Natural Dyeing

I’ve let myself get sidetracked from other things as usual and I’m doing some natural dyeing. I got a stock pot from Argos for £10, which is a good size. It turns out natural dyeing requires patience. First you have to scour your materials to wash out any finish that might inhibit the take-up of the dye. Then it has to be mordanted (I used alum) so that the dye is fast. You can do a load and dry it ready to be used so it’s worth being prepared. Then you cook up your dyebath,  usually for an hour. It has to cool before any wool goes in so as not to felt it. Finally you simmer your material for another hour. That’s the quick method. I haven’t tried cold dyeing yet where you leave the material in the dyebath for 24 hours. I’m also experimenting with 3 types of lichen I picked up on walks, which are sitting in a mixture of ammonia and water. They have to be shaken and opened to the air every day for about 3 months, which is decidedly smelly.
Anyway, here are some of my results so far.

Avocado dyeing

The very strong colour is wool blanket and a fine knitted wool. The lace is cotton and hardly took the colour at all, nor did the cotton fabrics. The silks did quite well. A lot of people on the Internet have got a very pretty pink using avocado. This was simmered for an hour using both skins and pits. I think I’ll have another go with just pits and won’t bother with cottons.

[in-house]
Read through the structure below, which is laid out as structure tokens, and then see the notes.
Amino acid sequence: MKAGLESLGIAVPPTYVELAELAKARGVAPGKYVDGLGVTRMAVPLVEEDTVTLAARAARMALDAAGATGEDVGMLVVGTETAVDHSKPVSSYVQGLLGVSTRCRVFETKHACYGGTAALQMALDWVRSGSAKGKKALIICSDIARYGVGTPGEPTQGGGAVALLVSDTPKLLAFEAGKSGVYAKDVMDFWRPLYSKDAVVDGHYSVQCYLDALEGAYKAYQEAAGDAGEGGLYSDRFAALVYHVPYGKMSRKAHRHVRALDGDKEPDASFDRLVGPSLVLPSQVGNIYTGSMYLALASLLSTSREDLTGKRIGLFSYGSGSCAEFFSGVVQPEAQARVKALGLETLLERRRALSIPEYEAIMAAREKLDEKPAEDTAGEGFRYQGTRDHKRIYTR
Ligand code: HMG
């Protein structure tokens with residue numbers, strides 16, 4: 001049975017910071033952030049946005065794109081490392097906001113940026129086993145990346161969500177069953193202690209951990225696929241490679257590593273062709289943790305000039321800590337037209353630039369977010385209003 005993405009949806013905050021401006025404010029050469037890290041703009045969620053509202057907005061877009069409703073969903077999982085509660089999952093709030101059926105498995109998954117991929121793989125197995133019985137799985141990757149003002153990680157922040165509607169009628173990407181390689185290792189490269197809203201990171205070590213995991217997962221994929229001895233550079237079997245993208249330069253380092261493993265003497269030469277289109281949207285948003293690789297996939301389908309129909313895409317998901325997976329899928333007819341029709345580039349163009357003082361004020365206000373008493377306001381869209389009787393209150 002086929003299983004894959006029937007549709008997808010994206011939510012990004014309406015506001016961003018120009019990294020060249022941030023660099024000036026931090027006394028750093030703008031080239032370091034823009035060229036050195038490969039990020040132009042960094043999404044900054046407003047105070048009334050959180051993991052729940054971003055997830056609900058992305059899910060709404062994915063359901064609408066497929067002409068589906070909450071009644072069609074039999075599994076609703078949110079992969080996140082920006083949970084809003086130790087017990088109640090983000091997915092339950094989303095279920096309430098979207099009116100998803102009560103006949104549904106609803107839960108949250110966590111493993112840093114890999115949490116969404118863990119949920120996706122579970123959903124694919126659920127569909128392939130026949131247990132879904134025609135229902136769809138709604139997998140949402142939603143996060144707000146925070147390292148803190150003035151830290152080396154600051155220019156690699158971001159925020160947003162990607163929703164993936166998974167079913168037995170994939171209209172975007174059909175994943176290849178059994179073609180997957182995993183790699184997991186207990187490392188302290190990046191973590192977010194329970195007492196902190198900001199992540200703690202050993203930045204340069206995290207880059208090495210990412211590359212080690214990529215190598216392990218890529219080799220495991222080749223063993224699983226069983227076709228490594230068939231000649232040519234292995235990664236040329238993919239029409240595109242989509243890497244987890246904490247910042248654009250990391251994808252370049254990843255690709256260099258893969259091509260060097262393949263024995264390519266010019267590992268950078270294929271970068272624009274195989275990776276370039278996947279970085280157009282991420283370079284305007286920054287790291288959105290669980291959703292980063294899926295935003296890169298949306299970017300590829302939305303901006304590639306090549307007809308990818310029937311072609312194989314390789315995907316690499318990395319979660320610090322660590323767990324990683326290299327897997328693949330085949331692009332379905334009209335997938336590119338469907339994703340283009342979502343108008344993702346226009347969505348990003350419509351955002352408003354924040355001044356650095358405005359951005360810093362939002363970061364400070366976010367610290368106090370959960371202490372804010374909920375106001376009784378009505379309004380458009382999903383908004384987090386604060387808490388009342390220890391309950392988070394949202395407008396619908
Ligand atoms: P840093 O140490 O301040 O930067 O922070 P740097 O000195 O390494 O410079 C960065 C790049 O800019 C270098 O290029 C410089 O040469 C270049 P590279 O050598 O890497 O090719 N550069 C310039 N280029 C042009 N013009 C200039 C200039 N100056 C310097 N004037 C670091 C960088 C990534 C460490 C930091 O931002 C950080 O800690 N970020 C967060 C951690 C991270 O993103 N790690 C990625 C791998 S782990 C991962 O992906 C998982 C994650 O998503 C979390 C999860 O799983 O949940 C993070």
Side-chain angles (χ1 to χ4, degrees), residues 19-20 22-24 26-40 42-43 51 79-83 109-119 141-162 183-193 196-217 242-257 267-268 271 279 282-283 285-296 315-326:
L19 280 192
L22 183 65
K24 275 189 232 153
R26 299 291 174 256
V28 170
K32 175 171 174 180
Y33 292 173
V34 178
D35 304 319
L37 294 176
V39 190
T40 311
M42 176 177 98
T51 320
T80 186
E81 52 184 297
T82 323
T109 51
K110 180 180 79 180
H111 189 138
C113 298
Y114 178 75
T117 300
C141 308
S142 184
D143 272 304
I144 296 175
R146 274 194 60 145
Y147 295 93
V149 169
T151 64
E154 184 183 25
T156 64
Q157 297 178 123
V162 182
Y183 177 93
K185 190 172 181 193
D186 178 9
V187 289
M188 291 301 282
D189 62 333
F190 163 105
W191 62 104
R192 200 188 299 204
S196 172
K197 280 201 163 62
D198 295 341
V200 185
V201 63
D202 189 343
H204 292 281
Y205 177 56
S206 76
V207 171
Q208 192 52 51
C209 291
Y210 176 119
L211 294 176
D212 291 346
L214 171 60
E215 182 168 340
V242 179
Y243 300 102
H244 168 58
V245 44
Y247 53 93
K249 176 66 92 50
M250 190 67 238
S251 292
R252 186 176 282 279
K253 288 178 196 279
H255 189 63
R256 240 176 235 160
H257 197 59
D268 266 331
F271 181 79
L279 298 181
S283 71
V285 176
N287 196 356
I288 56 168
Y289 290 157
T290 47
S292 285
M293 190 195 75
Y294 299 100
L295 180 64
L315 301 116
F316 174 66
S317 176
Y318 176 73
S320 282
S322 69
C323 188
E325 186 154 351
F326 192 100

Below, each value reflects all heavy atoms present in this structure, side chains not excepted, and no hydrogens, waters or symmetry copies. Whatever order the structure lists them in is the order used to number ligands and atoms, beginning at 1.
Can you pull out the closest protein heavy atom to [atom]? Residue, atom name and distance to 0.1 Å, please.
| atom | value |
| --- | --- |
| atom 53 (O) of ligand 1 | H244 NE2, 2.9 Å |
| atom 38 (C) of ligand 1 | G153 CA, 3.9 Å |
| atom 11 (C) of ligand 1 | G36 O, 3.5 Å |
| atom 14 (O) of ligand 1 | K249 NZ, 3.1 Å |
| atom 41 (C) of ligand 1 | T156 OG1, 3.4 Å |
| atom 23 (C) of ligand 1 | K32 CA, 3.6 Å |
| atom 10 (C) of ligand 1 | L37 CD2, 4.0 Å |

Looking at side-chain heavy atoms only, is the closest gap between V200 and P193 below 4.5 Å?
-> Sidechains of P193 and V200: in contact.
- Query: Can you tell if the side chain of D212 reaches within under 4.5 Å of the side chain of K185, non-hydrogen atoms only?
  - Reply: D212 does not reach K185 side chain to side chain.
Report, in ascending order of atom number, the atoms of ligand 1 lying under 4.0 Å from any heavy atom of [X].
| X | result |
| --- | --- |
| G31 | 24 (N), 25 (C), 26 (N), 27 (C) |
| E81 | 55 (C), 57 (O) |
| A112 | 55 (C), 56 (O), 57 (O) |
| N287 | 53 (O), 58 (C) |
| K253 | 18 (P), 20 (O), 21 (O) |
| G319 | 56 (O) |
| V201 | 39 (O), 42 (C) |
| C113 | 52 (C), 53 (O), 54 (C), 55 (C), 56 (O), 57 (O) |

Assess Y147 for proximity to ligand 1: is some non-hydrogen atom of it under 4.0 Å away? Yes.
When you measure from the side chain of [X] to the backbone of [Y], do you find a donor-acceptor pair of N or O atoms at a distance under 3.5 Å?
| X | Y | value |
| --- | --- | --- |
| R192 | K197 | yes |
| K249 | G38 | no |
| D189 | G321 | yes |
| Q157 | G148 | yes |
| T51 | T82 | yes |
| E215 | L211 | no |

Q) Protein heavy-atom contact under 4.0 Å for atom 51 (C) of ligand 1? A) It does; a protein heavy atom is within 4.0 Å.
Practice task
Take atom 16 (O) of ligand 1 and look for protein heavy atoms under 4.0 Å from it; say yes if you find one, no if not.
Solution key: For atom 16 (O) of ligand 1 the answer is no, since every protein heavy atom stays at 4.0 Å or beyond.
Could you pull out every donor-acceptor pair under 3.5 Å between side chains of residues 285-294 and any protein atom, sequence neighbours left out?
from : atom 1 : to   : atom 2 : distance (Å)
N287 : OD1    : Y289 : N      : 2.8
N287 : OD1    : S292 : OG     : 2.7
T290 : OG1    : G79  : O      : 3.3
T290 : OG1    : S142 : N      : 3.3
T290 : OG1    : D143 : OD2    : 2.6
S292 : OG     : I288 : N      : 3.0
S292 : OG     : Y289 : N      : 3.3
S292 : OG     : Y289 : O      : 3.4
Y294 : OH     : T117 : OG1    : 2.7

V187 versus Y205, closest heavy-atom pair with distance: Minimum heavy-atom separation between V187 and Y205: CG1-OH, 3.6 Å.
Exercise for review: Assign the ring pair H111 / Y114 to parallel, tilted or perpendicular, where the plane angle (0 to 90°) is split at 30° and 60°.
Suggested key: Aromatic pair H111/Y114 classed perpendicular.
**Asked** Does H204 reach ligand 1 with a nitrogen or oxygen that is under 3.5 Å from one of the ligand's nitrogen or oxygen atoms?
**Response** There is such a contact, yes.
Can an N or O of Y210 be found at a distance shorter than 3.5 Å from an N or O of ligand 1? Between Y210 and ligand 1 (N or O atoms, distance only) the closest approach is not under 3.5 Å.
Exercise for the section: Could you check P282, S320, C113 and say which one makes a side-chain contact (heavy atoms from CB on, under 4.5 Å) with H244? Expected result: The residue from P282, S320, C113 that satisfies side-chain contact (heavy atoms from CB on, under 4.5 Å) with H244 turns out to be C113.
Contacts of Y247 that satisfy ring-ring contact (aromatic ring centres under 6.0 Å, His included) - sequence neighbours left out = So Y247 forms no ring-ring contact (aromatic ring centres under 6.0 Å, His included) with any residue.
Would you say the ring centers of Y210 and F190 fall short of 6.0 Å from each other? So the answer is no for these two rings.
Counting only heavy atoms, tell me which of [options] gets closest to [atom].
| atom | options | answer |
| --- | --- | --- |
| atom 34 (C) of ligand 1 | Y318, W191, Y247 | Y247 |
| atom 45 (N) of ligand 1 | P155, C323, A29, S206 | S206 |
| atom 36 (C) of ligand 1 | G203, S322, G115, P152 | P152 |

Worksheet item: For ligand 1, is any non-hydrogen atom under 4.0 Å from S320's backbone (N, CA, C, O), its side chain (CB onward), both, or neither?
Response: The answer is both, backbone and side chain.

Rosemary dyeing

As I have plenty of rosemary in the garden I had a go. This picture is labelled so you can see all the different materials I used. The result was a soft yellow.

Cow Parsley dyeing

It’s a bit late in the season but I picked some cow parsley to get this pale yellow. If I had more I think it would have been stronger.1.silk and merino; 2.merino prefelt; 3.silk chiffon; 4.silk dupion; 5.wool; 6.mohair.

Black Bean dyeing

 Without indigo or woad blue can be achieved by using the soaking water from black beans. Interestingly, by far the strongest hue is on the silk velvet while usually the strongest colour is on the wool fabric. Here we have: 1.cotton scrim; 2.cotton lace; 3.silk; 4.silk thread; 5.silk dupion tie-dyed; 6.cotton; 7.wool blanket; 8.silk viscose velvet; 9.mohair; 10.merino prefelt; 11.knitted wool; 12.turban cotton; 13.muslin; 14.silk chiffon.

I’ve also dyed some green, but haven’t taken any pictures yet. I’m collecting onion skins to make more yellow, so no doubt there will be more posts.
 

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